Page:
Make potatoes according to the recipe and keep warm. Next, warm a splash of olive oil in a skillet over medium heat, add onions and peppers, and cook, stirring, for about 8 to 10 minutes, or until soft and translucent.
Get out a loaf of pizza bread or an Italian roll. Deep-fry 2 hot dogs.
While the dogs cook, use a sharp knife to cut a slit down the center of the bread to create a pocket; do not cut all the way through. Place the wieners in the bread and add a line of ketchup, if desired. Top with a pile of potatoes, onions, and peppers.
Fried potato wedges
Makes 16 wedges, enough for 4 hot dogs
2 tablespoons extra virgin olive oil
1 pound russet potatoes, cut into 1-inch wedges
Salt, to taste
Heat olive oil in a large skillet over medium heat. Add potatoes and cook on one side for about 10 minutes, or until starting to brown. Flip potatoes and cook for another 10 minutes, or until browned. Flip once more and cook another 10 minutes on the third side, or until browned all over. Transfer potatoes to a paper towel to drain. Sprinkle with salt and serve immediately.
Spicy South African sausage roll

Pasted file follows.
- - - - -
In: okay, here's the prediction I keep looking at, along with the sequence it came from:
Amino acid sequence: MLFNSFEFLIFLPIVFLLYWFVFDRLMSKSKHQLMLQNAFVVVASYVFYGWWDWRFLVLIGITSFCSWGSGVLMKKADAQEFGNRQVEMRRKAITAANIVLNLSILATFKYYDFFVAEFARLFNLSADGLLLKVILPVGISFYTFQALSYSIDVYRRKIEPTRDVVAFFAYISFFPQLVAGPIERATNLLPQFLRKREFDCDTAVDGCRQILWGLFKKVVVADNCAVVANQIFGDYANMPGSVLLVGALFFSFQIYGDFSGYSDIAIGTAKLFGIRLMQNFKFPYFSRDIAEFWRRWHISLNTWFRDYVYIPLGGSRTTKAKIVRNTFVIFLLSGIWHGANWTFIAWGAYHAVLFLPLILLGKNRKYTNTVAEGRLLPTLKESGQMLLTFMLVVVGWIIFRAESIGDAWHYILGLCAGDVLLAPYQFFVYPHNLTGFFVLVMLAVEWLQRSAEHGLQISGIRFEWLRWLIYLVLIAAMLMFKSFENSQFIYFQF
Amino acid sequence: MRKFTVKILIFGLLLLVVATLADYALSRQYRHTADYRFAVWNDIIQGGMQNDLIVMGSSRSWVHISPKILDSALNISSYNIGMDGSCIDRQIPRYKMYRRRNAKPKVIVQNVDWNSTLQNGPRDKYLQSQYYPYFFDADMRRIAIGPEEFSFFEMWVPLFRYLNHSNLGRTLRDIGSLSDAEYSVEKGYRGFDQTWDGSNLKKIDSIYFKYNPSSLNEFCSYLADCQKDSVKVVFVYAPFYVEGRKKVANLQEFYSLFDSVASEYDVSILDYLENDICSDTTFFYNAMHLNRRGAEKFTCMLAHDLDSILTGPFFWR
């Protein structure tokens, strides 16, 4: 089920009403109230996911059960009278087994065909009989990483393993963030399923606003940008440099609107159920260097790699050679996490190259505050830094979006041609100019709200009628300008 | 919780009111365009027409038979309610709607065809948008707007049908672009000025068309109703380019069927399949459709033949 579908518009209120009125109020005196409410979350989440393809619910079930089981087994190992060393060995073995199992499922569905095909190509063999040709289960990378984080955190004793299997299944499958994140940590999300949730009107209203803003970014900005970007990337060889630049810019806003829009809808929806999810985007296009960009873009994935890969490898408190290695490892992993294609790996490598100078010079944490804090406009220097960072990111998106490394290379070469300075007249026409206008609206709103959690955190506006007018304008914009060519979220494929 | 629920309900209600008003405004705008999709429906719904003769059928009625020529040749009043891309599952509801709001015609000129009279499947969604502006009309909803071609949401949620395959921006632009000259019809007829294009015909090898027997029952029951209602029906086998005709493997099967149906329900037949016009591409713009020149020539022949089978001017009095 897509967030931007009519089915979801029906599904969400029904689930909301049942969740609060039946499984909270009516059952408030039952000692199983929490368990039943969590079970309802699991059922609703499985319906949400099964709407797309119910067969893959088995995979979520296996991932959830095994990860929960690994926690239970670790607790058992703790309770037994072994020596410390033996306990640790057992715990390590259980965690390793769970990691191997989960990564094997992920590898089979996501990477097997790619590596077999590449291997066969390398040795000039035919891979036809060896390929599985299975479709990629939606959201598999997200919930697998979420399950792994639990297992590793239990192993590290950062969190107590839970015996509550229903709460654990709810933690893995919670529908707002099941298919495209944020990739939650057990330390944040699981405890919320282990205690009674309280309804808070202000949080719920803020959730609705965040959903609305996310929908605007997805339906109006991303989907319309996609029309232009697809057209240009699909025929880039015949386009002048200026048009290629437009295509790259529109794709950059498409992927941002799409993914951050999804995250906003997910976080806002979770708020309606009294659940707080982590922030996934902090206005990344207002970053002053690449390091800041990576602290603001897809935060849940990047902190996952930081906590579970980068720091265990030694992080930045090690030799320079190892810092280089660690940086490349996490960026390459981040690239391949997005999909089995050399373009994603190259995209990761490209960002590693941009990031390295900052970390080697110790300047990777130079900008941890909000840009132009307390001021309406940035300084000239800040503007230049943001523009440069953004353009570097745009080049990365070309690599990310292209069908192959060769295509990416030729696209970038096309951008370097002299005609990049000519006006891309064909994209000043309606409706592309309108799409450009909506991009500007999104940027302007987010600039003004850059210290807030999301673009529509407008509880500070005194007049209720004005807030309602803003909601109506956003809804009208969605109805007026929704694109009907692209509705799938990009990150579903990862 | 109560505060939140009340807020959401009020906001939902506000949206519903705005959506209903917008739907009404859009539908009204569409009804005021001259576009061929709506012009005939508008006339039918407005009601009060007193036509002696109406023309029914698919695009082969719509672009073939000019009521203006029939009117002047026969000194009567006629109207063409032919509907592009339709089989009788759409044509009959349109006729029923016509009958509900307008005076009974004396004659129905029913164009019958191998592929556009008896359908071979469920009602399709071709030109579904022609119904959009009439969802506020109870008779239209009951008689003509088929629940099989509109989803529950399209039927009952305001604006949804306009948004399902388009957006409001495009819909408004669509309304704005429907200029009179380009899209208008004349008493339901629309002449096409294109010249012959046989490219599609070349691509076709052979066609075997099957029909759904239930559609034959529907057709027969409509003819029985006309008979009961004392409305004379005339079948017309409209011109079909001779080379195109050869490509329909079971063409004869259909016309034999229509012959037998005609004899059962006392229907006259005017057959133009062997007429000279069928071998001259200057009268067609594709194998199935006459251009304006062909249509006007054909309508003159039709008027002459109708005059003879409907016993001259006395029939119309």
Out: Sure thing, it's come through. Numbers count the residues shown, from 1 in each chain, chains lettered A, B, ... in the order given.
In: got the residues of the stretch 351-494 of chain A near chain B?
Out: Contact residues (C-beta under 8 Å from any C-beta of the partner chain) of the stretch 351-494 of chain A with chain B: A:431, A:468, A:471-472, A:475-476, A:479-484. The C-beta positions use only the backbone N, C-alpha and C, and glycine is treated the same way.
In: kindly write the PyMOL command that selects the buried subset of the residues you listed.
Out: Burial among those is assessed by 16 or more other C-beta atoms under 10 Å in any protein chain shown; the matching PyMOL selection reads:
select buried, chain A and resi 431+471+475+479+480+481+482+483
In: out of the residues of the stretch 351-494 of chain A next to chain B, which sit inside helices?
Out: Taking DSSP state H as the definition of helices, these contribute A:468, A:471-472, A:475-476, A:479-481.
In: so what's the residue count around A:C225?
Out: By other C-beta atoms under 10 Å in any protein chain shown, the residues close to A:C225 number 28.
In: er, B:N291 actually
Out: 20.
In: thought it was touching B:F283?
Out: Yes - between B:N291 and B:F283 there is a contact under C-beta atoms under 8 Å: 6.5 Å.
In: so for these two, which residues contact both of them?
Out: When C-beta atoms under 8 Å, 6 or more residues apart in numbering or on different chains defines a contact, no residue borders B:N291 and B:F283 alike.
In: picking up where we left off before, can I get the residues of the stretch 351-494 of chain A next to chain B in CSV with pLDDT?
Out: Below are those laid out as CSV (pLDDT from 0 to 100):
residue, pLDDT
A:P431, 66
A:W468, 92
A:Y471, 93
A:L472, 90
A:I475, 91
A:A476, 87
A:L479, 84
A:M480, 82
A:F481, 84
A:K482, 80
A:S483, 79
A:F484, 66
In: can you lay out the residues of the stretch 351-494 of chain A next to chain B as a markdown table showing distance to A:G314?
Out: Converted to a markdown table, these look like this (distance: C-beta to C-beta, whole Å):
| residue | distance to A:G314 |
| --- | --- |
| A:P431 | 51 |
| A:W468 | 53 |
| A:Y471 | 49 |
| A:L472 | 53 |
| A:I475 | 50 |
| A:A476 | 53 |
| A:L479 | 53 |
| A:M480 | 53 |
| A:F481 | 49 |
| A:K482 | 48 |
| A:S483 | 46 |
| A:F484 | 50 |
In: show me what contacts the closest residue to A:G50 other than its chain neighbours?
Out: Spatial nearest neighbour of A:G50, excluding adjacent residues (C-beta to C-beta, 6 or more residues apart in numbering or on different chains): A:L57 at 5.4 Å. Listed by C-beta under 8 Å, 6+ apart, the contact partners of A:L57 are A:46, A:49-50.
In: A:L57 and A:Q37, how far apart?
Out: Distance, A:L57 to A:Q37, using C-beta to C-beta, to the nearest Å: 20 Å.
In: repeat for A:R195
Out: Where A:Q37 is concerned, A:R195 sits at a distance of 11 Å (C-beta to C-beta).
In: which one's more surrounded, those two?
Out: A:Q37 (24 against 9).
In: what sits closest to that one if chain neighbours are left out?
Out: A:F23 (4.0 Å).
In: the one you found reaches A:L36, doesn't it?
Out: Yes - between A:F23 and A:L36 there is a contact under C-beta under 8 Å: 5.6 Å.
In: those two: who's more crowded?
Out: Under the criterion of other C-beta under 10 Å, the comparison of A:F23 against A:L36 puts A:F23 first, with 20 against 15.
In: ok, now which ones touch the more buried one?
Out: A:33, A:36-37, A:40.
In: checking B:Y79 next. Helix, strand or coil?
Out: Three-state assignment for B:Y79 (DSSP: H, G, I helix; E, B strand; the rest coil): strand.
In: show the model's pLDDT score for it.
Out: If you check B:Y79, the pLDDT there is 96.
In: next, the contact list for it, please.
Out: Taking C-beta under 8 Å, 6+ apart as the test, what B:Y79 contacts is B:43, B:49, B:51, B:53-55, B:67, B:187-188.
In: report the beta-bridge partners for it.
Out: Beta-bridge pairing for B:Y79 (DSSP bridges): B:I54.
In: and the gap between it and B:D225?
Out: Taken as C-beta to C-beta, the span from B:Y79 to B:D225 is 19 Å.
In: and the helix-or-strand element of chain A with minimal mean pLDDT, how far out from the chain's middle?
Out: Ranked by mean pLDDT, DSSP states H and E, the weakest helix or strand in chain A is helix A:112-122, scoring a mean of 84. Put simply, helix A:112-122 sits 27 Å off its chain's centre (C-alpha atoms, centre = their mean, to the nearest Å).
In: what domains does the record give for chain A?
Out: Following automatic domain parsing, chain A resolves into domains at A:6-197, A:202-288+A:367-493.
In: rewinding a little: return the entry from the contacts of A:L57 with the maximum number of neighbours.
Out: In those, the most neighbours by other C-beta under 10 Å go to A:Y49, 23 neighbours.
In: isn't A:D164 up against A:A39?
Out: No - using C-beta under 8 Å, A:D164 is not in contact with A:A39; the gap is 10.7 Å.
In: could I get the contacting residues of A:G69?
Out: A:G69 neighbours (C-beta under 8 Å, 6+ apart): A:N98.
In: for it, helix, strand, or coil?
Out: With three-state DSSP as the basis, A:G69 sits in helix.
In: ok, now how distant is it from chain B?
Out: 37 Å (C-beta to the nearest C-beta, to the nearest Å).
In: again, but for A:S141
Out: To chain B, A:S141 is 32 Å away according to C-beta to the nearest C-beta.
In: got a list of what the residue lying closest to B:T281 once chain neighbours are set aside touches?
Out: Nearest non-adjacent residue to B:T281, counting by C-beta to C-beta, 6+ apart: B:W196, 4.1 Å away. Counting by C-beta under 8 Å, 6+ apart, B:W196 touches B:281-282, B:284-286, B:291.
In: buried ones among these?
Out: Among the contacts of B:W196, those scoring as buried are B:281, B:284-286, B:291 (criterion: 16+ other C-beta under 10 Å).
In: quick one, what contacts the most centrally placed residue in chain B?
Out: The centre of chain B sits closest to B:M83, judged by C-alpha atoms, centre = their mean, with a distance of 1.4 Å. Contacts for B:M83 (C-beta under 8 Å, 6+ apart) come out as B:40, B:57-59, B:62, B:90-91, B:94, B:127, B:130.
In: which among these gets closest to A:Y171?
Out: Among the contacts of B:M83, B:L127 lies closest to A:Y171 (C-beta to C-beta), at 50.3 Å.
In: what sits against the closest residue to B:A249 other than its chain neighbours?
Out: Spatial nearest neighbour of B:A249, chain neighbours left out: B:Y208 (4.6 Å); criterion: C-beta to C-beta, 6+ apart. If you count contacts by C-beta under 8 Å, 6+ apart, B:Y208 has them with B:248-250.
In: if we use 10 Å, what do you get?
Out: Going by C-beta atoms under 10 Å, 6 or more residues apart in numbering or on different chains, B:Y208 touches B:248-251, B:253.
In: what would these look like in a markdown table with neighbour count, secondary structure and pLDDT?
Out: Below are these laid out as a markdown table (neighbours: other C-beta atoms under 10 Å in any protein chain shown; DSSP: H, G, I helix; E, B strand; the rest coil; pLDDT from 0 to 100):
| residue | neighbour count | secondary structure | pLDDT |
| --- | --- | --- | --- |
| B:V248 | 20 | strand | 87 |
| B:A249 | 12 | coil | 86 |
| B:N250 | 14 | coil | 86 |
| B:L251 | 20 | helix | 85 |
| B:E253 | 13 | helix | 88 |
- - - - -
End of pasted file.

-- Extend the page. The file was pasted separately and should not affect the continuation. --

A typical example of the richly flavored fare of South Africa, whose culinary traditions have roots in Dutch, English, Indian and Asian cuisines. Boerewors sausage is a fatty, spicy beef-and-pork concoction that can be found at international food stores or online.
South African tomato sauce (see recipe)
Vegetable oil, for sautéing
Sliced white onions
In a skillet over medium heat, warm a splash of oil. Cook onions for 8 to 10 minutes, or until soft and light brown.
Get out a classic bun. Grill boerewors; while the sausage cooks, lightly toast the bun on the grill. Place the grilled sausage in the bun. Top with a smear of brown mustard and a pile of cooked white onions. Serve with a small bowl of South African tomato sauce on the side.
South African tomato sauce
Makes 2 cups
This is a quick ketchup-like sauce. From “Haute Dogs” by Russell Van Kraayenburg.
One 16-ounce can tomato sauce
One 6-ounce can tomato paste
One 16-ounce can stewed tomatoes with their juices
2 tablespoons distilled white vinegar
1/4 cup sugar
1 whole clove
1 teaspoon cumin
1/2 teaspoon allspice
1/2 teaspoon nutmeg
1/8 teaspoon ground cayenne pepper
1/4 teaspoon powdered garlic
1/4 teaspoon powdered onion
In a heavy-bottomed pot, stir to combine all ingredients. Bring to a simmer over medium-low heat, reduce heat to low, and cook for 1 hour, stirring occasionally.
Remove and discard clove. Transfer mixture to the bowl of a food processor and process until smooth. Store in the refrigerator for up to 2 weeks.
Makes 3/4 cup
2 tablespoons whole yellow mustard seeds
2 tablespoons whole brown mustard seeds
1/4 teaspoon cayenne pepper
1/4 teaspoon black pepper
Dash of hot sauce
2 tablespoons white wine vinegar
2 tablespoons white wine
1/2 teaspoon salt
Pinch garlic powder
Grind mustard seeds until very fine. Combine with remaining ingredients. Store in an airtight container in the refrigerator for up to a week.